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Formation In Malaysia

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Malaya consists of a '"plural society" which was formed by different races with various backgrounds and customs. In The Malaysian Development Experience, Changes and Challenges book that published by INTAN, states that Malaya is "a colonial creation with ethnic groups living side by side but never mixed". Many factors have caused this situation.

The first can be traced back to the "divide and rule" policy during British colonization. This kind of administration greatly limited interaction and communication among the different ethnic groups and segregated them according to their economic functions.

The Malays were known to be farmers and fishermen and lived in the rural areas or kampung. Since there were also Malays who were involved in the government sector as ordinary officers and clerks, they were perceived to be dominant in politics and the first group of people that the British negotiated with.

Most of the Chinese were involved in the commercial and mining sectors and were found mainly in urban areas. The Indians, on the other hand, worked as labourers in estates and plantations. Hence, these two races were perceived to be more dominant in the economics of the country.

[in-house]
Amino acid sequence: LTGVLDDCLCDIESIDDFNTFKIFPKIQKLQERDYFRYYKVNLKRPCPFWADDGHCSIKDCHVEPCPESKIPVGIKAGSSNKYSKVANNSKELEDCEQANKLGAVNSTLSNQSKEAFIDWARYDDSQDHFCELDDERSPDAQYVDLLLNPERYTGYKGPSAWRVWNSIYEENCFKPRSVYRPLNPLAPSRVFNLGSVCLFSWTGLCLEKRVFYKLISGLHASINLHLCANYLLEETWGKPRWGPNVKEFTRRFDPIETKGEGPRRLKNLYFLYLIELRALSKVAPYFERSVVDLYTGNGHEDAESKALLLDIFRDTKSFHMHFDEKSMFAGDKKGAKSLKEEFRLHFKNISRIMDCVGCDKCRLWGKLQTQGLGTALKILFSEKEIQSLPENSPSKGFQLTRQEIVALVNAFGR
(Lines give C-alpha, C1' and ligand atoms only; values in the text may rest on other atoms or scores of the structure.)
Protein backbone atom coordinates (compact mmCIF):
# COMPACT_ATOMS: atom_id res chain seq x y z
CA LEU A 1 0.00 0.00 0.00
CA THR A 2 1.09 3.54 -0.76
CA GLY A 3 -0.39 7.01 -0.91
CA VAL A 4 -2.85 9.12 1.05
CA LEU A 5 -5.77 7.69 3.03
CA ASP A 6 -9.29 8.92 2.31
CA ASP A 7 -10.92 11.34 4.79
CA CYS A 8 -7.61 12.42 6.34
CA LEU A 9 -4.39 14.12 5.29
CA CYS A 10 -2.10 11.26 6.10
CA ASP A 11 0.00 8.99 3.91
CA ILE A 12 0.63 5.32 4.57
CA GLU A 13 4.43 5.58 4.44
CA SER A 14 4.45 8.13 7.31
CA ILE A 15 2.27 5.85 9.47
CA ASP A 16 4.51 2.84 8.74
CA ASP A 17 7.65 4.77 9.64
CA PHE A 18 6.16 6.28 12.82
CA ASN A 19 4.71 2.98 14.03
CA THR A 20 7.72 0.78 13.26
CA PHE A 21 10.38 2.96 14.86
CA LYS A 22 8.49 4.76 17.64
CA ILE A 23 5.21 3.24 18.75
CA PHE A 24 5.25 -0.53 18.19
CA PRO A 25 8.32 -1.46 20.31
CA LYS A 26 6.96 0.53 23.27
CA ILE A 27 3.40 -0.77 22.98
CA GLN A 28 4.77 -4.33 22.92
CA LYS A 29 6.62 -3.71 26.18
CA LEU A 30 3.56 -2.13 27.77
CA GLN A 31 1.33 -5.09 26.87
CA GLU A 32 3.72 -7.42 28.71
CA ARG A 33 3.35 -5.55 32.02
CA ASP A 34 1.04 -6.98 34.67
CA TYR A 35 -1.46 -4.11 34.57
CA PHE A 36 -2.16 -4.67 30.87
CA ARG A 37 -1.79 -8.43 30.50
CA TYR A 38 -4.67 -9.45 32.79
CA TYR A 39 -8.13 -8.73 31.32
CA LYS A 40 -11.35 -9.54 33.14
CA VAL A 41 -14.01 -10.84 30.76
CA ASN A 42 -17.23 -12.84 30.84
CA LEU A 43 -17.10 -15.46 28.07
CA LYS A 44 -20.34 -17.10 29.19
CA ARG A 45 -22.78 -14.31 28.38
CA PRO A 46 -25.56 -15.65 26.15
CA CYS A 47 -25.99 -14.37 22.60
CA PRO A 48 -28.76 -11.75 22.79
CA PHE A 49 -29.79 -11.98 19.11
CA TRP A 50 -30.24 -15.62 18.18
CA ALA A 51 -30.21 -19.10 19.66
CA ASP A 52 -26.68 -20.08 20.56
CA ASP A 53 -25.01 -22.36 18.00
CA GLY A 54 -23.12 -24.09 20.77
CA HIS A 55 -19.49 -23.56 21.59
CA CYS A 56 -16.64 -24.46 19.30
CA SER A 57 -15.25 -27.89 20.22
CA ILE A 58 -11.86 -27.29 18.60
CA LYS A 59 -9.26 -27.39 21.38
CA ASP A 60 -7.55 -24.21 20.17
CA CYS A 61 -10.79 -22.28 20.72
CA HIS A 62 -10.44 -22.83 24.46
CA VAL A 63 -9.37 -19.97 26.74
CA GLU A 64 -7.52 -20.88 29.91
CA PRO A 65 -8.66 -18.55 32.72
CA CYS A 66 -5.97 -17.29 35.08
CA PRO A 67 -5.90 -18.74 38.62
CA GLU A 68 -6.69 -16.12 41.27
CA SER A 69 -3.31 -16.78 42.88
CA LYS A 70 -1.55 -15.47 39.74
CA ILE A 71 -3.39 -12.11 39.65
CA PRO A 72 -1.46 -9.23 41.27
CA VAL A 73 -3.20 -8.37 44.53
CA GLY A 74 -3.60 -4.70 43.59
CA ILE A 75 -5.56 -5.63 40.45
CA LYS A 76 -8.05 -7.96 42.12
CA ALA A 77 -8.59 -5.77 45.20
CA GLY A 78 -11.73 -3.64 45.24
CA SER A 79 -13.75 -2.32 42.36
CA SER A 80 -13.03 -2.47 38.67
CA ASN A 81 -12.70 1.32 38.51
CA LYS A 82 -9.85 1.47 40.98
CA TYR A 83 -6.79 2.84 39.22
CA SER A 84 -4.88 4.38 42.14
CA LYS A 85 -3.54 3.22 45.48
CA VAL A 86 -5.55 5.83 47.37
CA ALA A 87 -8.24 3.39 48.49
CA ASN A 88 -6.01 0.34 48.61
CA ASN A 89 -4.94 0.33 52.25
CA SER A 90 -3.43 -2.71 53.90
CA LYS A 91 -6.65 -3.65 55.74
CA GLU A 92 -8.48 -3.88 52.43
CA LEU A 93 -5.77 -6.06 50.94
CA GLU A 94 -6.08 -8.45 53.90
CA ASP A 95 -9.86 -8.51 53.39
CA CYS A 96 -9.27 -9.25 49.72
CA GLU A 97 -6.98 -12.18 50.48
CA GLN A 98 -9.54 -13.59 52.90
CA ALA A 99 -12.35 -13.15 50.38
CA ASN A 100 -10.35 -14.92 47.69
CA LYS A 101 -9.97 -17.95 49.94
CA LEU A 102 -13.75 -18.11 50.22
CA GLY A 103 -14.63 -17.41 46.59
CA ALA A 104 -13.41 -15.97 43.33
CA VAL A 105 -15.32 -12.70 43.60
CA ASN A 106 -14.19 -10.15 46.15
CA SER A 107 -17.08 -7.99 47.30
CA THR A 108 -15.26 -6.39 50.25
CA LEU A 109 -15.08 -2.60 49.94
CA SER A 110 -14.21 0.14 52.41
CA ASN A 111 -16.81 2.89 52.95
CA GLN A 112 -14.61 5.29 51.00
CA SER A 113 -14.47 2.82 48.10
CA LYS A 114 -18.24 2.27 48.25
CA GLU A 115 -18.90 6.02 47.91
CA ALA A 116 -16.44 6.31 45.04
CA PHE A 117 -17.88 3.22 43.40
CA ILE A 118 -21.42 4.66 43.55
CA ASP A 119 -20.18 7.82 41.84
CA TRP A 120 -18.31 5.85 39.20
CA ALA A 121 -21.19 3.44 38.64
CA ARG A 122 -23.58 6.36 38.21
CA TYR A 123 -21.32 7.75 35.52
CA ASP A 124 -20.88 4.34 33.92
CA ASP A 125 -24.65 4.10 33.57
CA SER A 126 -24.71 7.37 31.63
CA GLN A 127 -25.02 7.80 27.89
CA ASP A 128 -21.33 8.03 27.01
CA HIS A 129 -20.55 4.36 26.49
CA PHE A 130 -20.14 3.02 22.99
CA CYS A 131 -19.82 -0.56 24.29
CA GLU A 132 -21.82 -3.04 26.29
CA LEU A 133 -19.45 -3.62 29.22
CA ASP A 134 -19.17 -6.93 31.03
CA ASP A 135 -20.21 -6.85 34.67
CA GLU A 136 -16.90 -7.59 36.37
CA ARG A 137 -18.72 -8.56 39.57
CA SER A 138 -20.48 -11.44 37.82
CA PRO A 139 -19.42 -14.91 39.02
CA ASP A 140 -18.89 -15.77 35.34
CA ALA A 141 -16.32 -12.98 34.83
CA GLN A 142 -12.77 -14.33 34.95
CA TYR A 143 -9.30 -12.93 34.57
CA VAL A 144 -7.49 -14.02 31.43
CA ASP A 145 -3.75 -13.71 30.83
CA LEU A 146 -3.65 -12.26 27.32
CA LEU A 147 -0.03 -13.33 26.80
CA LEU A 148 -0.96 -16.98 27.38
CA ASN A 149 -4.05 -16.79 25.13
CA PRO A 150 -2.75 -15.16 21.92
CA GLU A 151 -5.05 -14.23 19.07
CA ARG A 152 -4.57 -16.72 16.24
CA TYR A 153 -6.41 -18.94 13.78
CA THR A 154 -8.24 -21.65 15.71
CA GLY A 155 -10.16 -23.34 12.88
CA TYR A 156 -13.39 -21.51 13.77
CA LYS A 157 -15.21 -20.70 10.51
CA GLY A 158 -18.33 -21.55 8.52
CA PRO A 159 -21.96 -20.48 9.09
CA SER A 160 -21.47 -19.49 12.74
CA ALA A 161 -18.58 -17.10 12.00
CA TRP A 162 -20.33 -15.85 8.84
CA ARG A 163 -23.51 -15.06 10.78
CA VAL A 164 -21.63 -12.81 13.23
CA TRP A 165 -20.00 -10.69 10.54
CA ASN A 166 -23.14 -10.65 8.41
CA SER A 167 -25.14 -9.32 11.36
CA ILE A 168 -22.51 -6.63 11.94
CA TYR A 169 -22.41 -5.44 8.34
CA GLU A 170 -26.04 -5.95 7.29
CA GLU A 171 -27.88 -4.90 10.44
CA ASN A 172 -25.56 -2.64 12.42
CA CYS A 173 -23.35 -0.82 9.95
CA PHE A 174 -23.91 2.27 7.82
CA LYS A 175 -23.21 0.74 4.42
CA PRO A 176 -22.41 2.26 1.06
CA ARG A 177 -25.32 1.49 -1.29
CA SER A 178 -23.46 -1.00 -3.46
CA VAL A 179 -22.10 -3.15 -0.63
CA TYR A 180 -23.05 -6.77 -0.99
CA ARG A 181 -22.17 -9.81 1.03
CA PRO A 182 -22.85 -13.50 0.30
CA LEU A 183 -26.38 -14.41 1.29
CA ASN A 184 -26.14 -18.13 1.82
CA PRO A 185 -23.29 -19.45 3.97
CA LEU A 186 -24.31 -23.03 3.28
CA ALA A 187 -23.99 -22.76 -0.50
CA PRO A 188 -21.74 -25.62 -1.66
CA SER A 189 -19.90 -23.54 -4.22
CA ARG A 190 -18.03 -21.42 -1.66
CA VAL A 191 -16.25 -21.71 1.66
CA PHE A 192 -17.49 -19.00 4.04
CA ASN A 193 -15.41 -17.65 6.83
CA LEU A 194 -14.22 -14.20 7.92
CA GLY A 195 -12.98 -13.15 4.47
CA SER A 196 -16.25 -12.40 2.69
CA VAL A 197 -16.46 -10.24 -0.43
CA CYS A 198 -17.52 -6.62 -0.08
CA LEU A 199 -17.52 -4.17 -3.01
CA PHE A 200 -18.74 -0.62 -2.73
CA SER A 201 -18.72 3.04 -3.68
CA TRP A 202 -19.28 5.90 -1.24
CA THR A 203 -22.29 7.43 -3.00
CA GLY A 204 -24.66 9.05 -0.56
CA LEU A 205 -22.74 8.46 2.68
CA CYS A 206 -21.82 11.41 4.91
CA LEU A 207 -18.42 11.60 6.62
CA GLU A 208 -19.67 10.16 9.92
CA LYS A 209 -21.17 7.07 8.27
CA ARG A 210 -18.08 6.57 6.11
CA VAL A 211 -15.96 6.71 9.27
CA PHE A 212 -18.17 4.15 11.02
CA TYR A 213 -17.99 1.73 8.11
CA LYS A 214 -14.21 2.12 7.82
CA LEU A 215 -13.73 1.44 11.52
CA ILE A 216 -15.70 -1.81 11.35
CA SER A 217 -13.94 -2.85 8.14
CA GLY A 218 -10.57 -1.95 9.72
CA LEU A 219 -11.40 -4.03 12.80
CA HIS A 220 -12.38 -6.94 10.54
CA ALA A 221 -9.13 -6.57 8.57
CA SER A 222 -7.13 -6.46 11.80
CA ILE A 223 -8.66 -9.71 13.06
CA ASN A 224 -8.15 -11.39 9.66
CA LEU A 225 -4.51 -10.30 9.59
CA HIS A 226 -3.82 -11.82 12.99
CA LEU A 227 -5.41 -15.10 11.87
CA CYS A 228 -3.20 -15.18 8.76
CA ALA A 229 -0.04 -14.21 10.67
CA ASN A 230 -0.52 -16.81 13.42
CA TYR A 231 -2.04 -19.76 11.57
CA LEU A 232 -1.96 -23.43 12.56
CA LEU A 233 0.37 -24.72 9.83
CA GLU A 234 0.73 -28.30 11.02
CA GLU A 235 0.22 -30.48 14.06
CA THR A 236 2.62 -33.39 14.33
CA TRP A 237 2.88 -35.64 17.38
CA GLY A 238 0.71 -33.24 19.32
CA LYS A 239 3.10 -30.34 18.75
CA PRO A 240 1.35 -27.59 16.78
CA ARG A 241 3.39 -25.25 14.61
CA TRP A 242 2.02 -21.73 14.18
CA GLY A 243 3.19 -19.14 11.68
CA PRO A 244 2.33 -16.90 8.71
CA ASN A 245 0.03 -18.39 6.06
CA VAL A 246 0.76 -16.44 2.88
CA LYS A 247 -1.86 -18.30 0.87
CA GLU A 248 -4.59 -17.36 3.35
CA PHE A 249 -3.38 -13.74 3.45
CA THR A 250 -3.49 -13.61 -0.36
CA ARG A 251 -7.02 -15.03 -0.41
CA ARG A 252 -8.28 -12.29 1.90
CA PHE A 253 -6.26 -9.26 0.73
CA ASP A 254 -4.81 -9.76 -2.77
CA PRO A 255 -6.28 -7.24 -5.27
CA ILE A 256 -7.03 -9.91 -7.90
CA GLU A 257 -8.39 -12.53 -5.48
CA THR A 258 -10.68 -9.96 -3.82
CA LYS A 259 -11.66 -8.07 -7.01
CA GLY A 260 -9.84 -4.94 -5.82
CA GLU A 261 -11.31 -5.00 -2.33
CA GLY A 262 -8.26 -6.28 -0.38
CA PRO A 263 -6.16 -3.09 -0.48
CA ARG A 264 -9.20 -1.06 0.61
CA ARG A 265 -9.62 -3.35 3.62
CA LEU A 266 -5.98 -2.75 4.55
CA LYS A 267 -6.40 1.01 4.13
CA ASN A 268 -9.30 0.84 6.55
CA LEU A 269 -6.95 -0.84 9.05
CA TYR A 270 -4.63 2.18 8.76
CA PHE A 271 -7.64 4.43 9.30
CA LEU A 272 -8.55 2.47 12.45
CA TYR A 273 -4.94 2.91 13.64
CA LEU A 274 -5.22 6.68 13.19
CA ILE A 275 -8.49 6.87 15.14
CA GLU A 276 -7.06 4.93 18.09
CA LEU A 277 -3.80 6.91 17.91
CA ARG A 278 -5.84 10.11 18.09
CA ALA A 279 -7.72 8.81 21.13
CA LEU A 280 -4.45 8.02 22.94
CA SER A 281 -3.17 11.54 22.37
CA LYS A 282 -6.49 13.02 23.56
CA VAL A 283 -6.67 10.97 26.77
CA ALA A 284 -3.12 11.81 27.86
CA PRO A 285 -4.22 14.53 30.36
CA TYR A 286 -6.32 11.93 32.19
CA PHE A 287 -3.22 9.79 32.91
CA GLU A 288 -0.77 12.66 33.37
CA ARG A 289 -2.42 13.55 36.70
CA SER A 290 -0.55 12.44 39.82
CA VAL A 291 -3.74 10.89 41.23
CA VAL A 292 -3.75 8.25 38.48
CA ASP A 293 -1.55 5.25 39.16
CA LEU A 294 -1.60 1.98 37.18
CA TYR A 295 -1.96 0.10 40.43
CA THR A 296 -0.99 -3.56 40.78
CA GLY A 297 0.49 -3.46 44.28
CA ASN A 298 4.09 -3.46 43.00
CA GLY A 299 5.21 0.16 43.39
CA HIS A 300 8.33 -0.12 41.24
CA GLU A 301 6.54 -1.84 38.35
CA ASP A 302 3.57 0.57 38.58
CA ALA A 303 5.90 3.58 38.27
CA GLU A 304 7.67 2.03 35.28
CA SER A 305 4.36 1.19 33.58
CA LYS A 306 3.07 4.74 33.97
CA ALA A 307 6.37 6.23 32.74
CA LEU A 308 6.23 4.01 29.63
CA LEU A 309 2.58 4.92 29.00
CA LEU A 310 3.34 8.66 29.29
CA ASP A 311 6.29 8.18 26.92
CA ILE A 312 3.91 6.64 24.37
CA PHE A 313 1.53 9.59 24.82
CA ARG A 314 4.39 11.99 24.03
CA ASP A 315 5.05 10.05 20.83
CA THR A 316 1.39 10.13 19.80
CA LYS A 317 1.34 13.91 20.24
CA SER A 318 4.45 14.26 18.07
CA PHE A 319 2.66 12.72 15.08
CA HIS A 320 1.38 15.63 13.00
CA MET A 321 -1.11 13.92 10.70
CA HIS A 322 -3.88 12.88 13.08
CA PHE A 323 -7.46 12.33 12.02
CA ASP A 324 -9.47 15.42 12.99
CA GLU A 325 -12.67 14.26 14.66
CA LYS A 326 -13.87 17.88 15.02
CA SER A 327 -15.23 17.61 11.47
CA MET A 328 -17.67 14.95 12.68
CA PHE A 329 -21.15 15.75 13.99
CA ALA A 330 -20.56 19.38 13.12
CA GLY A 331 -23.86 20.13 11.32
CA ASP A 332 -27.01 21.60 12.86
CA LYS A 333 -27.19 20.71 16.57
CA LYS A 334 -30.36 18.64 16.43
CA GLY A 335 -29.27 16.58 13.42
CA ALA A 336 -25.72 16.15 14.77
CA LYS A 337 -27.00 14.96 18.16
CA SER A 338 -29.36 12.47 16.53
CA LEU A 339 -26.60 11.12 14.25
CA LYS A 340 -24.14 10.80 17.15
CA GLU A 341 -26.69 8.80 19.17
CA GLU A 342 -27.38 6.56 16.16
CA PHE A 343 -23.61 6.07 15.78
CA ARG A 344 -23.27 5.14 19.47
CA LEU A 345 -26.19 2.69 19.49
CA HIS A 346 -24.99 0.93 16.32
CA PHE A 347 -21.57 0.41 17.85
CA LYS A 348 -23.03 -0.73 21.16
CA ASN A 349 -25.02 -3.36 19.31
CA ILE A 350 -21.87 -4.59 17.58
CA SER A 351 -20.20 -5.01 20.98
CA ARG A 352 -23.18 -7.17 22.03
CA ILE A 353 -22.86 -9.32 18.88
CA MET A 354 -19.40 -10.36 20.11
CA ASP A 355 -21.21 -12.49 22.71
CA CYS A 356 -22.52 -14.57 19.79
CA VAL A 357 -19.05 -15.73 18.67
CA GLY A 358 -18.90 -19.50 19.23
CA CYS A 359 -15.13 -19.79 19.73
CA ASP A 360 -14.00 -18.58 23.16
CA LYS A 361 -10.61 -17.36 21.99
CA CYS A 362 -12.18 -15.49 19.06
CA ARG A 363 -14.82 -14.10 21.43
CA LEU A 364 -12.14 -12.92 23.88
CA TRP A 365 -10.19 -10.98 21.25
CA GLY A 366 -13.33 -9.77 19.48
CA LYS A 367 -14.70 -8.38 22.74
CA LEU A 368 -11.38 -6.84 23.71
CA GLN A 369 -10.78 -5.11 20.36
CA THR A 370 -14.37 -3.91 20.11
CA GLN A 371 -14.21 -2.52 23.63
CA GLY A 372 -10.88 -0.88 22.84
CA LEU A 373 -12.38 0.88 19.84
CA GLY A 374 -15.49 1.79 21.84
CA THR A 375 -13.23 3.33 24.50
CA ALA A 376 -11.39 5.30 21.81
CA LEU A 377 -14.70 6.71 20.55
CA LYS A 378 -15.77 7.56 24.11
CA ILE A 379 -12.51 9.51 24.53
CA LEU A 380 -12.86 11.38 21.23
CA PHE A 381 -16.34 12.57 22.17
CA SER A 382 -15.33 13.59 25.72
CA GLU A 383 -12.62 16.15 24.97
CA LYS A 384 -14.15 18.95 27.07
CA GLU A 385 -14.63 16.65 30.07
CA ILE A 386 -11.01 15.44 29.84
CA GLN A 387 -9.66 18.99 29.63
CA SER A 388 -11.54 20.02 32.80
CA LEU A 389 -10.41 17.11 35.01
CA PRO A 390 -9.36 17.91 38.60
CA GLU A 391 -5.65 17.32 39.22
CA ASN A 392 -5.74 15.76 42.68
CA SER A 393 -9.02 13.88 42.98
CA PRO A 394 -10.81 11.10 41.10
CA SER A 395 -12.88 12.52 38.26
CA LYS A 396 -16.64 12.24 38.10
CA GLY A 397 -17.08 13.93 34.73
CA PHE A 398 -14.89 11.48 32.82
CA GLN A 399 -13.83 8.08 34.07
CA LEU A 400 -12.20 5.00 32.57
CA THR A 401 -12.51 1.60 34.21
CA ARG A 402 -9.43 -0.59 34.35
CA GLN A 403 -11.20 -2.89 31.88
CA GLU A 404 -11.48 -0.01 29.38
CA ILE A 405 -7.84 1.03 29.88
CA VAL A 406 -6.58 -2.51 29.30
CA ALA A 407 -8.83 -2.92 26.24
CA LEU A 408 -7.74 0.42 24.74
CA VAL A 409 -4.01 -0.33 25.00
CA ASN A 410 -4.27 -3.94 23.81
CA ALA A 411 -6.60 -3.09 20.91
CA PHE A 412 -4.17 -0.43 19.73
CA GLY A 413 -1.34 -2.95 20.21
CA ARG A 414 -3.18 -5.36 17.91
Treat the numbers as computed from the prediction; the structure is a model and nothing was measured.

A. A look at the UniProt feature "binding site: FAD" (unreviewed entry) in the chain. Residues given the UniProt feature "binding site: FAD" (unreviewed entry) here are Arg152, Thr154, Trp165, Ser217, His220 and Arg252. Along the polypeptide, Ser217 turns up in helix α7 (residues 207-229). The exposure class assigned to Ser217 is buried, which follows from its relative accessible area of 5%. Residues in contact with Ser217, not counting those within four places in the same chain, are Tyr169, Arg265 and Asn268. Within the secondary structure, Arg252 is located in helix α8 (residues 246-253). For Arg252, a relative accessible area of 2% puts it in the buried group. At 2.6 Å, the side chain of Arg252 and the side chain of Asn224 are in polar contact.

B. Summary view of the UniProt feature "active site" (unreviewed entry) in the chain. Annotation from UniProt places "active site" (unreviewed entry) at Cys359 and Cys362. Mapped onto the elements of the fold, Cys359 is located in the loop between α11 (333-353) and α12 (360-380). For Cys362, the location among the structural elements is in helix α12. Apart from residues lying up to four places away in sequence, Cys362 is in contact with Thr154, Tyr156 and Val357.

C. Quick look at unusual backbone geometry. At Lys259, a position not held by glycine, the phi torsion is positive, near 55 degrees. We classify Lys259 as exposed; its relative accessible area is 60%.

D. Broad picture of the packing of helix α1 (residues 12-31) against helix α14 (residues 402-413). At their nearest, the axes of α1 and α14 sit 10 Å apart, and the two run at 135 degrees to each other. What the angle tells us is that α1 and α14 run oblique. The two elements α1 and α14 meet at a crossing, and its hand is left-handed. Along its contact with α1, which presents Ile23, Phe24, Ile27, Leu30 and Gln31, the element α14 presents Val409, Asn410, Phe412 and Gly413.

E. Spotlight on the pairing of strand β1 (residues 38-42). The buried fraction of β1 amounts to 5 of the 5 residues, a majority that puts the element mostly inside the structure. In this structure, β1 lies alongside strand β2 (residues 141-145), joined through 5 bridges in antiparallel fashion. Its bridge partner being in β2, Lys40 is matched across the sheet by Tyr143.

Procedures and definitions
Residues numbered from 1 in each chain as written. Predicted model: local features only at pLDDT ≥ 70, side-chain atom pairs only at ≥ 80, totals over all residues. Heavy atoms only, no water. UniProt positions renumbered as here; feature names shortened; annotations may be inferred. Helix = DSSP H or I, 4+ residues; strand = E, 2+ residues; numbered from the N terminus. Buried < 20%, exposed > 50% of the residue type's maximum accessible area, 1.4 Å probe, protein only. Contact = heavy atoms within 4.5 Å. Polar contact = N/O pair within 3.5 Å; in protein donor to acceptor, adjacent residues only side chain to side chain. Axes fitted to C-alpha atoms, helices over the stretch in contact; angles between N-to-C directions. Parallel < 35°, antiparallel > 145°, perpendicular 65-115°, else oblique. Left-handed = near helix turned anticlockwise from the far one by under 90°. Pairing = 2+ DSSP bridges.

The education system, as it was long before we know it today, also varied according to the different ethnic groups in terms of syllabus, curriculum and methods of dissemination. There was no such thing as a standardized education system back then.

While the Malays and Indians felt that a minimal amount of literacy was sufficient, the Chinese were vying to strengthen their bond with China through education, since most of the teachers and textbooks were imported from China. The same concept was practiced in Tamil schools.

Since these vernacular schools comprised a single race, lessons were conducted in its respective language, such as Malay, Mandarin and Tamil. Due to the inconsistencies and differences in the education system, there existed barriers and gaps among the different races in Malaya.